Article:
Let us make some comments about expansion. The Universe was (and is) expanding following Hubbles Law; this means that the proper physical distance between a pair of well-separated galaxies (or particles) is an increasing function of time, that is, any galaxy is receding from any other. The recession produces a cosmological redshift of the CMB waves. The rate of recession is given by Hubbles Law: d(t)/& = Hi(t), where l(t) measures the spatial distance between two galaxies and H is Hubbles parameter. The redshift, 2, of a galaxy satisfies the relation 1 + Z = &a(t), where ao is the present value of the scale factor a(t). As a consequence of this relation between Z and t, the redshift can be used to measure time (the greater the redshift, the further in the past the source of the information).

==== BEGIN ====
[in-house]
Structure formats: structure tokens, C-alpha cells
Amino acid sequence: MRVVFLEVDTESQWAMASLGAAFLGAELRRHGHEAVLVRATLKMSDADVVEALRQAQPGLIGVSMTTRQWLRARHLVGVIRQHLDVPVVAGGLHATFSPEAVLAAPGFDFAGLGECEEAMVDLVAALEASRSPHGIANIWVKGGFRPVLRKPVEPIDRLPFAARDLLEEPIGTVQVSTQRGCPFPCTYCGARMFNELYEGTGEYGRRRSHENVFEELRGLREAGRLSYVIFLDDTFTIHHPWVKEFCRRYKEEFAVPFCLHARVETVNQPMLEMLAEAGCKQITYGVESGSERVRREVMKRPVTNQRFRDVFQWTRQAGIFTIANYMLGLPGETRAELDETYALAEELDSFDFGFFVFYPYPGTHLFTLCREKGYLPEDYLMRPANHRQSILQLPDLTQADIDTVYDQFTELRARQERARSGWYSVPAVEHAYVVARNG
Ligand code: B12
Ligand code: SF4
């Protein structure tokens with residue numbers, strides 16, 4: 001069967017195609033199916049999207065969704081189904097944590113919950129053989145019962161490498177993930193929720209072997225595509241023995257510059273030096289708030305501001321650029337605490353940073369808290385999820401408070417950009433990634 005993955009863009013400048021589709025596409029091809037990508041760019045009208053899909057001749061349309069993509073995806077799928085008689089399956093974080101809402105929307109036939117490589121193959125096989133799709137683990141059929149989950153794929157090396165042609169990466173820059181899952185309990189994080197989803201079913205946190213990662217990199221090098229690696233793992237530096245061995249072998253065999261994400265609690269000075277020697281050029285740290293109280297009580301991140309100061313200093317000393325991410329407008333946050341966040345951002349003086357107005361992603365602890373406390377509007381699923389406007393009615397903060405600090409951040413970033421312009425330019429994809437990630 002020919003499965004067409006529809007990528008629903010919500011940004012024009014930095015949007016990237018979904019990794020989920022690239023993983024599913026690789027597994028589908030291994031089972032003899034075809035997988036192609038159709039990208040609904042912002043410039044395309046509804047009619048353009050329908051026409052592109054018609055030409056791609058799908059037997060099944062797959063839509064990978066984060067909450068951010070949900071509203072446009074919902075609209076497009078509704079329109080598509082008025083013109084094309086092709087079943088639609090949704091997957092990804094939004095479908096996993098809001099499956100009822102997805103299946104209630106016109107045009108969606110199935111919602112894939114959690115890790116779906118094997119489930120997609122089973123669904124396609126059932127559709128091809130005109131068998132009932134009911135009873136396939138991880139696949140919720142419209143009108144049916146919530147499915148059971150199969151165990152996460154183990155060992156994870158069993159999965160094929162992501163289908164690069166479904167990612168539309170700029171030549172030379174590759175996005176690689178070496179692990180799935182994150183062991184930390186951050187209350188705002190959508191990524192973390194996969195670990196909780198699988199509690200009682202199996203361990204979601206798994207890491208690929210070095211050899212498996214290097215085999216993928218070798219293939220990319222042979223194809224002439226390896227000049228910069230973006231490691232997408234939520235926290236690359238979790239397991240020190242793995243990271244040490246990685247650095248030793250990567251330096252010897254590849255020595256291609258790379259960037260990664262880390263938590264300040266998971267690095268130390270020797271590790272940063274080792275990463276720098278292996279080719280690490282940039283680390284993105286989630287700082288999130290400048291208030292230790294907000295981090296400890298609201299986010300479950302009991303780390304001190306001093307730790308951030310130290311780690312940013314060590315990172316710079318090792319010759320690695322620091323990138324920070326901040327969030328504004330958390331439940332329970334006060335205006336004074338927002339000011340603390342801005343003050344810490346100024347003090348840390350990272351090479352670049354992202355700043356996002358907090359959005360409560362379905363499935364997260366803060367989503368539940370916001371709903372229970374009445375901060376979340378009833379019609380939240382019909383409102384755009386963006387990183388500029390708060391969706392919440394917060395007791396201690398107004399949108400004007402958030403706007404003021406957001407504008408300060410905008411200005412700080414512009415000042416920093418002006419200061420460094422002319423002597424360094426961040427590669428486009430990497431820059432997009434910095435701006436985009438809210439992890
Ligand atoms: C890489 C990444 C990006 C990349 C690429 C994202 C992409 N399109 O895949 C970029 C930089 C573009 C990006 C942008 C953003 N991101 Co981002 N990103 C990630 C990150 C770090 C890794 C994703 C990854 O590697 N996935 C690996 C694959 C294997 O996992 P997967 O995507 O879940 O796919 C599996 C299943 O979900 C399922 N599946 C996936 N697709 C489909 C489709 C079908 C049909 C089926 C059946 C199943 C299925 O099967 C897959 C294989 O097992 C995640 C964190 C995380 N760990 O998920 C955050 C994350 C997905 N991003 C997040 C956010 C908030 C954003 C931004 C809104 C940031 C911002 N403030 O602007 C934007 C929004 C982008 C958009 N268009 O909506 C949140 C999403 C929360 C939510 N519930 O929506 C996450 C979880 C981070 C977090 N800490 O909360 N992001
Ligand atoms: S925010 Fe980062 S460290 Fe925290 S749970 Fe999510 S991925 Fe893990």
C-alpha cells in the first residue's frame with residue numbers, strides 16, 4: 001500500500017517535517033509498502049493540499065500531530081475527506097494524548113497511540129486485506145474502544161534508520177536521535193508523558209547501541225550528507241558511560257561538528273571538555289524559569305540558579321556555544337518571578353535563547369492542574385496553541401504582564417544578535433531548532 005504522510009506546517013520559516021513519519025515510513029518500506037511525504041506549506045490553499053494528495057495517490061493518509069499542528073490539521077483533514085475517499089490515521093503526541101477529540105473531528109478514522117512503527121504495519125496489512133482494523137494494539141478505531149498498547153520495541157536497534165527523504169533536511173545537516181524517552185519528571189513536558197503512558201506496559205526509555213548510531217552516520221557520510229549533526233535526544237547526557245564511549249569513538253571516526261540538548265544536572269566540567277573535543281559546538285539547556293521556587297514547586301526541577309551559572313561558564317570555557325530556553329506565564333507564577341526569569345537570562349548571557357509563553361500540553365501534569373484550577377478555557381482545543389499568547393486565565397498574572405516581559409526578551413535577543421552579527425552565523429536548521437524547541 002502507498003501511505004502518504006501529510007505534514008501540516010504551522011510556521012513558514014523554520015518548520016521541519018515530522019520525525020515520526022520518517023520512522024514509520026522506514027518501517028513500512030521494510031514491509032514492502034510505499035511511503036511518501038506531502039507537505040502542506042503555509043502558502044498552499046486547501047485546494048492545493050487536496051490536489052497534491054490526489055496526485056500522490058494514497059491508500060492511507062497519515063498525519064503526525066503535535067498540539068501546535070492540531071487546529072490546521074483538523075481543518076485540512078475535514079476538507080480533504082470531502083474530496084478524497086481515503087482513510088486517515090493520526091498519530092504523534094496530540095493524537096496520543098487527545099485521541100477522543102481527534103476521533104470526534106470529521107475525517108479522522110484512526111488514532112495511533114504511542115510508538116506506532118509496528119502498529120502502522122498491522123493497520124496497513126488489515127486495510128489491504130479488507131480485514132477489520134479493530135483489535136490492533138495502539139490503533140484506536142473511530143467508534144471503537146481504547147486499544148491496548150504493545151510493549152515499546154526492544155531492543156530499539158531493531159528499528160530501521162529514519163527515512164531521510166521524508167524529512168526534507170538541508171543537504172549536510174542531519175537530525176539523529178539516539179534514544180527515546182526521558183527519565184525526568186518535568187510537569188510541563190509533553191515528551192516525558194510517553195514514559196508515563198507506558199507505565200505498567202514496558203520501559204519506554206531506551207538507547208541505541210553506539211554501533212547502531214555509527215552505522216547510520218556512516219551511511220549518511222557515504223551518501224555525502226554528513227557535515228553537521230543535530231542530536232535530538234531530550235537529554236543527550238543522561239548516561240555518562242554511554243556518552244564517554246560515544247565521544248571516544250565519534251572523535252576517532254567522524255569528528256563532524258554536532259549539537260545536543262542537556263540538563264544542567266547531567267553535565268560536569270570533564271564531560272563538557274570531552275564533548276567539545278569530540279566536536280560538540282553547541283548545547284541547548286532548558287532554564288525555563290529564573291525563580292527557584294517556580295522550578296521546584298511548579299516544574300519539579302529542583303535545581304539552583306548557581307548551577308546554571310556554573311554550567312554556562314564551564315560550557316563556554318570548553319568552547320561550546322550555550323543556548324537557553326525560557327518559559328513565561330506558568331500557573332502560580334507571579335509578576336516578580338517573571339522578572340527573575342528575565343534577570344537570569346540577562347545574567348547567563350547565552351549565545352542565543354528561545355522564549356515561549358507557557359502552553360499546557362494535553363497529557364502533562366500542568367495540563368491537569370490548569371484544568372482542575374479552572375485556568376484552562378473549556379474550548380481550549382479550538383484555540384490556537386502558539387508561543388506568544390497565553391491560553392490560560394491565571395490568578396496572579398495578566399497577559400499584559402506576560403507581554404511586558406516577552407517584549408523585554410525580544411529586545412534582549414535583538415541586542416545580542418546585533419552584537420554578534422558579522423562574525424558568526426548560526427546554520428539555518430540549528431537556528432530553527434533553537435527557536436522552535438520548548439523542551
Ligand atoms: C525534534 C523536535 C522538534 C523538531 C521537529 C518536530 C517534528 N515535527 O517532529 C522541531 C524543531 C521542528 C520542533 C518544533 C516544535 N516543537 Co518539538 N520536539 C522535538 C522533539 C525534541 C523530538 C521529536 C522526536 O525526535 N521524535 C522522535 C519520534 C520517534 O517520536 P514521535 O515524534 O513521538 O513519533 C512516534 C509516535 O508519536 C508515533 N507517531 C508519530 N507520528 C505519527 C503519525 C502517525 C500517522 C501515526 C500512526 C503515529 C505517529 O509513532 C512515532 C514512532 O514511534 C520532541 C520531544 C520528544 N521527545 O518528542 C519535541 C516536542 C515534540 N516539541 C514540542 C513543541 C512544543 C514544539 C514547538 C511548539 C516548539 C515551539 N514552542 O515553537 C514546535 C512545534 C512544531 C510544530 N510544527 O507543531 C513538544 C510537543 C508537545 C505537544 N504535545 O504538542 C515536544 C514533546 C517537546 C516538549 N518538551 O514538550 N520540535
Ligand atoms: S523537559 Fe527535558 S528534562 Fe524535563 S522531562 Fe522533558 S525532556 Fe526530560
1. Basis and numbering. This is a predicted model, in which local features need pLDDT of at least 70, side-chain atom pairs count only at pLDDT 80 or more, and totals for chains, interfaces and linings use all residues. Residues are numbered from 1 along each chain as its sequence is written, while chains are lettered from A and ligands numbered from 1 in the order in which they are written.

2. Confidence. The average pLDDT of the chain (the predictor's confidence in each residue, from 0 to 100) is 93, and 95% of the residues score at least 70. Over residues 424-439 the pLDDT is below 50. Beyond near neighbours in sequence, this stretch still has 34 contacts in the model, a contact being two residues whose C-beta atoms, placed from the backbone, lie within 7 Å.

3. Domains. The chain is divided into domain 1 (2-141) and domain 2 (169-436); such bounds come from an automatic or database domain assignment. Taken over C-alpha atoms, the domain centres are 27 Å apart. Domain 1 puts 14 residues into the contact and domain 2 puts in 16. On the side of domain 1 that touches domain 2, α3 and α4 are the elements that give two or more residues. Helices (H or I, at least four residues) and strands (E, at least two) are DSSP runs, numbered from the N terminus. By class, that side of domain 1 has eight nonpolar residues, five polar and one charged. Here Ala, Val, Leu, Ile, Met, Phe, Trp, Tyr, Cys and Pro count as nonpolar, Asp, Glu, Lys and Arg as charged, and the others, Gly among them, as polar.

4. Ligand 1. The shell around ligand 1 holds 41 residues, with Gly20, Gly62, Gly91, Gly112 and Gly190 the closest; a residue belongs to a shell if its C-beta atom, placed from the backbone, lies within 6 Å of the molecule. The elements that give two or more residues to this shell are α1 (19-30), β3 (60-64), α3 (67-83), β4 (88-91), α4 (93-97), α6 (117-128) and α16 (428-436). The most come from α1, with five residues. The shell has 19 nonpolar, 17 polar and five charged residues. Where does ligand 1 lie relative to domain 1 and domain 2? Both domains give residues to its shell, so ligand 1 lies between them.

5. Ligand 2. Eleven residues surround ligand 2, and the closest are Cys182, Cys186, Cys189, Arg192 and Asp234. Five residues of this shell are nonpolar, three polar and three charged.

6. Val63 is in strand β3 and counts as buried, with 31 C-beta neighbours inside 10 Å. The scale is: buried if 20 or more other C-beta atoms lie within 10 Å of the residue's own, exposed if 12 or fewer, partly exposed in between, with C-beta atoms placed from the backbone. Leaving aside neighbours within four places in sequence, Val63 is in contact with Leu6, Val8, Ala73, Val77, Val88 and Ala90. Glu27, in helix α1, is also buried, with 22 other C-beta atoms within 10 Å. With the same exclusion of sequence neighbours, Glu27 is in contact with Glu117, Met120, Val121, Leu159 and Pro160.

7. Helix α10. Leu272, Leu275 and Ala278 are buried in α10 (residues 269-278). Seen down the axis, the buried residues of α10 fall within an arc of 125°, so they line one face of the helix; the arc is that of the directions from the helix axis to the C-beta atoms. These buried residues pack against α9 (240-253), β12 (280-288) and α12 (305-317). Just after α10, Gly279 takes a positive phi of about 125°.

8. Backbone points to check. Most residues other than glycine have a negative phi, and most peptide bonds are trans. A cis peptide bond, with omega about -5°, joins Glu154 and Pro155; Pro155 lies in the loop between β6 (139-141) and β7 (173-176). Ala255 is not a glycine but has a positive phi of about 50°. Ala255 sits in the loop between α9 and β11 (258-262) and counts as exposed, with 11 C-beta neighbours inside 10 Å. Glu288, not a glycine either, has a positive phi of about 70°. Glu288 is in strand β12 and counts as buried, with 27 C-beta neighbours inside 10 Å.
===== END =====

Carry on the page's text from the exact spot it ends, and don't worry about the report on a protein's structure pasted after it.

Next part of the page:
The temperature decreased as a result of the expansion; thus, at a certain time, the temperature was low enough and the protons captured the free electrons to form neutral hydrogen atoms. After this process, the Universe became transparent; photons could travel almost freely because protons and electrons were confined in atoms (recombination). The mean free path of the CMB photons became huge. Recombination led to the decoupling between matter and radiation; af- ter decoupling, CMB photons travelled almost freely in space. The so-called CMB radiation is formed by these decoupled photons. This radiation departed from all the points of the Universe in all directions during a short period of time. It is received in all directions at any point of the universe. As time goes on, any observer receives the CMB radiation from further times and distances.